Bloomberg Government regularly publishes insights, opinion and best practices from our community of senior leaders and decision-makers. This column is written by consultant Robin Camarote, part of her series exploring changes to the management consulting business model.
Data is everywhere and, for many, is everything. It’s put on a pedestal where it is both loved and admired. It’s protected and cared for by smart, devoted people. And, it’s both the question and the answer when we cross paths with the OMB or Congress.
I started to write that federal programs “these days” have become synonymous with massive data collection, analysis and reporting exercises, but we all know that’s not 100 percent true. For as long as we have been a nation, we (the public) have demanded from our government (and our contractors) a thorough accounting for the money spent and the accomplishments achieved. In today’s government, that means data and that’s all good.
The issue? A little taste for good data leads to cravings for more. Without realizing it, we’ve become zombies with insatiable appetites for fleshy spreadsheets. That’s not so good.
Why? Data is expensive—in fact, far more expensive than we like to acknowledge. In government and in contracting, data is the fancy, bubbly, bottled water that we treat like tap.
We rarely talk about the cost of data because we believe data makes us smarter and better organizations. Federal executives want insights and answers—so they ask for more analysis. Program managers with their staffs and consultants want to be responsive and to show their program’s value—so they collect data to power such analysis and start crunching. They might wince a little in the process of getting there, but ultimately they move heaven and earth to produce polished, data-rich reports.
Yet for the dozens of well-purposed, well-intentioned federal programs, such as the Federal Real Property Profile (FRPP), the Employer Information Report, the Energy Review, and federal information technology (IT) investments, data requests like these are not making them smarter or better. They are merely creating a data collection burden on both federal employees and their contractors.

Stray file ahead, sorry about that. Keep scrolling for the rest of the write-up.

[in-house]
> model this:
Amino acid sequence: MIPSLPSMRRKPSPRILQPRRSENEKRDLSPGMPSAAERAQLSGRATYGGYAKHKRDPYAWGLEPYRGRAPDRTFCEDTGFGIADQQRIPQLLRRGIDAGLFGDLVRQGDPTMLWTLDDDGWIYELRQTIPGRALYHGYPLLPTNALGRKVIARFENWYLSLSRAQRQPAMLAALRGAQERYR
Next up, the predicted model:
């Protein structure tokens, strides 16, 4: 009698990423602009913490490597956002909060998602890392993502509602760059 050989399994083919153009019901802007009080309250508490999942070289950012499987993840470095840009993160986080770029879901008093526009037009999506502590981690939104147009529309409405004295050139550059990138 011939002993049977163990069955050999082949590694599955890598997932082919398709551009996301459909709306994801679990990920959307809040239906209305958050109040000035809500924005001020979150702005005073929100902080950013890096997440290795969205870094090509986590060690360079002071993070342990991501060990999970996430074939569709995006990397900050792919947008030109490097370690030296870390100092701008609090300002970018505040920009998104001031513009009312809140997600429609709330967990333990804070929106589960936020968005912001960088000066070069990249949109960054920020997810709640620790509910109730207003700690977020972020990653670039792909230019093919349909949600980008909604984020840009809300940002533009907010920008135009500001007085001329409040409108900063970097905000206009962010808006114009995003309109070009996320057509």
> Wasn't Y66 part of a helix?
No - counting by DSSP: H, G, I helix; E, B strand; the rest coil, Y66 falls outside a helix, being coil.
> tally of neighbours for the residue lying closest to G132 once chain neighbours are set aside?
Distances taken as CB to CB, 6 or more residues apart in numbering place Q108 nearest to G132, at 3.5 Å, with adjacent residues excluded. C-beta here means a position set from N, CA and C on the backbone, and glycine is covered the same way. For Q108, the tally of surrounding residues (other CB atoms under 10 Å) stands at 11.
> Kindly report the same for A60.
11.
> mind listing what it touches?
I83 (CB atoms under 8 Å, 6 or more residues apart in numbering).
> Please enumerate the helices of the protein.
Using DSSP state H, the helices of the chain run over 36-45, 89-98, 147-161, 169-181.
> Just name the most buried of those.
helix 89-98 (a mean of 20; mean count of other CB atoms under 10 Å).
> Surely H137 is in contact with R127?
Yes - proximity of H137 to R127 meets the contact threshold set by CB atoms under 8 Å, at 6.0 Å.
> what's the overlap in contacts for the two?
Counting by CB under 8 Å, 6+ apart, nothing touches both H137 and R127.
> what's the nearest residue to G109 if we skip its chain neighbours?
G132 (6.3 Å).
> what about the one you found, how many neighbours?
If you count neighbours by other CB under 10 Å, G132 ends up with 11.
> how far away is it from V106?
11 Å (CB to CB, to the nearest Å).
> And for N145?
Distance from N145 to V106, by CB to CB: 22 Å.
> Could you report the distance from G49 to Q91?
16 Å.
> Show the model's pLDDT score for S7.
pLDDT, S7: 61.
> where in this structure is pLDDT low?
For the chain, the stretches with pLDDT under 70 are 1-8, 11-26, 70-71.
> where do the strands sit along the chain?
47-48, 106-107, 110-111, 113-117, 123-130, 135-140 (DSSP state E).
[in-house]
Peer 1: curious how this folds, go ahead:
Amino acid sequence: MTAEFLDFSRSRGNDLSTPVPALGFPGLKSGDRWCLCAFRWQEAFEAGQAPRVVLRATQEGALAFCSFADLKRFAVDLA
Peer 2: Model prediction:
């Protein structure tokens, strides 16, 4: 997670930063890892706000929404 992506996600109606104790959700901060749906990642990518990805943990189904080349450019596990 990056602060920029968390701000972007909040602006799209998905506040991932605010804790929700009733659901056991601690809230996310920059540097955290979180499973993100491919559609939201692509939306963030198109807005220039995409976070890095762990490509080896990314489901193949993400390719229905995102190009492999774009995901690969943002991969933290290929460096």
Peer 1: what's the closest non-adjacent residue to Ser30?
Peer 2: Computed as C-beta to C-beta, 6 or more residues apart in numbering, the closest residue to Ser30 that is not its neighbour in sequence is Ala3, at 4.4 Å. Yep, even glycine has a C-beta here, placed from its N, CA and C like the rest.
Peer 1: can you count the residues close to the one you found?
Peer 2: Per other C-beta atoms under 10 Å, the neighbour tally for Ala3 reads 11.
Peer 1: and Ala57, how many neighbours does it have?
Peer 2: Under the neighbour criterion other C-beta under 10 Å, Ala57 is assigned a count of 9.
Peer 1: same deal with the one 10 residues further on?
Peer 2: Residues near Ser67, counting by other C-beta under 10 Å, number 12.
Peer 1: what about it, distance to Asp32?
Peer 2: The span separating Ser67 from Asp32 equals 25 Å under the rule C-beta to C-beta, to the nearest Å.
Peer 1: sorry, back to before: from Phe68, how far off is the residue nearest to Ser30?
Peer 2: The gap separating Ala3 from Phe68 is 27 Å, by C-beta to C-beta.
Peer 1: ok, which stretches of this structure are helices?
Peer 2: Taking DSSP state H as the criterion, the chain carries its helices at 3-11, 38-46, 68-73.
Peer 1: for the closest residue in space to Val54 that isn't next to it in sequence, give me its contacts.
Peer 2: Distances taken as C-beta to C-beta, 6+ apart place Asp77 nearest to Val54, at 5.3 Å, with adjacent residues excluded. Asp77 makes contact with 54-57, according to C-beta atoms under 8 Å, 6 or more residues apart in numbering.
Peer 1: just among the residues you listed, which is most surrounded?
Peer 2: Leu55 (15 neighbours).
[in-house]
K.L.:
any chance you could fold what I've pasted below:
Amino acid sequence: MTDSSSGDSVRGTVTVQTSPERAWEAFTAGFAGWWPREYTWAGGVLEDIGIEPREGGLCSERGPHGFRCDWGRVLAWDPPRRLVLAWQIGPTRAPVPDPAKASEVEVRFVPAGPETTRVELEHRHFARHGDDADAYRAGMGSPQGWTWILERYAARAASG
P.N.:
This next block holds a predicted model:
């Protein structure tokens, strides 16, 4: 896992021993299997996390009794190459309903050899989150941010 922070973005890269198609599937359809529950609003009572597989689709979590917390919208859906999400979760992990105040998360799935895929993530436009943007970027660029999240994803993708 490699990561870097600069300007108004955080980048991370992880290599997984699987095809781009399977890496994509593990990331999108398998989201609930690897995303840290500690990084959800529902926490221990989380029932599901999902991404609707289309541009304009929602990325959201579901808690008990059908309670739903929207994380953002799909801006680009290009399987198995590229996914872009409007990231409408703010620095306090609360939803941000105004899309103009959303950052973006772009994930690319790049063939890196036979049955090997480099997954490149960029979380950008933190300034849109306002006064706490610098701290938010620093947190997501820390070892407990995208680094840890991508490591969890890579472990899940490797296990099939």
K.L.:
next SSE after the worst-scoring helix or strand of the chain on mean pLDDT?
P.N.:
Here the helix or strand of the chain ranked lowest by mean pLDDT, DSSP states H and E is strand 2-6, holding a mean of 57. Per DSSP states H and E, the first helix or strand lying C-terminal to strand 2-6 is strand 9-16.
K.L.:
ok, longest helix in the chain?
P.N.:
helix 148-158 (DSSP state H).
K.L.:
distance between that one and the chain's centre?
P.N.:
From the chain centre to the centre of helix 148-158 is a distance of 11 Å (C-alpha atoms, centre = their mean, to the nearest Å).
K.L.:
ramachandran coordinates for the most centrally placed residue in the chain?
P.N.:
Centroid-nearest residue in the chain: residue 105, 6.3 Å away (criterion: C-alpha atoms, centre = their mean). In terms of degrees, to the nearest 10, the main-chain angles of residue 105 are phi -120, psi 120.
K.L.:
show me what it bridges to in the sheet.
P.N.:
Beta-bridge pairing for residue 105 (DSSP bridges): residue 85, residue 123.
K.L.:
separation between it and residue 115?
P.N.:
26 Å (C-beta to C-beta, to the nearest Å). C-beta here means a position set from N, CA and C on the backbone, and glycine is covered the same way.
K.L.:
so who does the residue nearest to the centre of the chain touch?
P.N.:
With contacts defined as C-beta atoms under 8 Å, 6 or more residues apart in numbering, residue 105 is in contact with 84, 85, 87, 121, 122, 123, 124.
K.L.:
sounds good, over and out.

Each of these programs (and the many others like them) has a purpose. And all the data they produce has potential value. But how much did it cost to obtain it? Where is that data now? And who is using it?
The FRPP exemplifies a good idea gone wrong. If you’re not familiar with this program, the FRPP is a skim of a federal agency’s real property data and metrics. Agency staff collect the data and send it to the GSA. Using that submitted data, the GSA then produces an annual summary report of the federal government’s footprint.
And then not much else happens.
Now many important things are happening in real property at each of the agencies that reports data—but the FRPP data at the GSA is not reflective of that activity. In fact, the rules around FRPP data make it too hard to easily snag data from other systems and too superficial to do much interesting, useful analysis with it on its own. Yet agencies still bear the cost of gathering the required data, checking it, and submitting it for no return on their data collection investment—except for a check in the compliance box.
In their book, the “Agile Culture,” Pollyanna Pixton, Paul Gibson, and Niel Nickolaisen advise, “Always ensure that the cost of collecting the metric is significantly less than the value that it can deliver. And we do mean significantly less.” Recognize that the cost of collecting data is not zero and can sometimes be very high, especially if it involves continuous action by the delivery team members. This cost is often ignored and can have a huge negative impact on team productivity.
Even good programs can grow increasingly expensive because we need—and want—to understand broad, complex problems. There is no doubt that our pursuit of data and answers has yielded some insights, avoided some crises and enabled some right choices being made the first time. Yet is it right, or even sustainable, to pursue data without periodically asking ourselves how much it is going to cost to obtain the data?
How do we think the data we seek is going to answer an unanswered question? Is the tradeoff between the expense to collect the data and insight gained worth it? If the answer to this quick “gut check” is yes, then by all means, pursue that data with purpose and seriousness. However, if the answer is less than a resounding “yes” or we’re struggling year after year to ensure collection compliance, maybe it’s time to admit that the data isn’t needed or as valuable as once thought. Seeking data at all costs isn’t a wise (or sustainable from a political or budgetary perspective) approach.
The alternative is to treat data like other investments and to measure its return on investment. Keep collection and refinement efforts in check by continuously weighing the costs and benefits.
Previous entries in this series:
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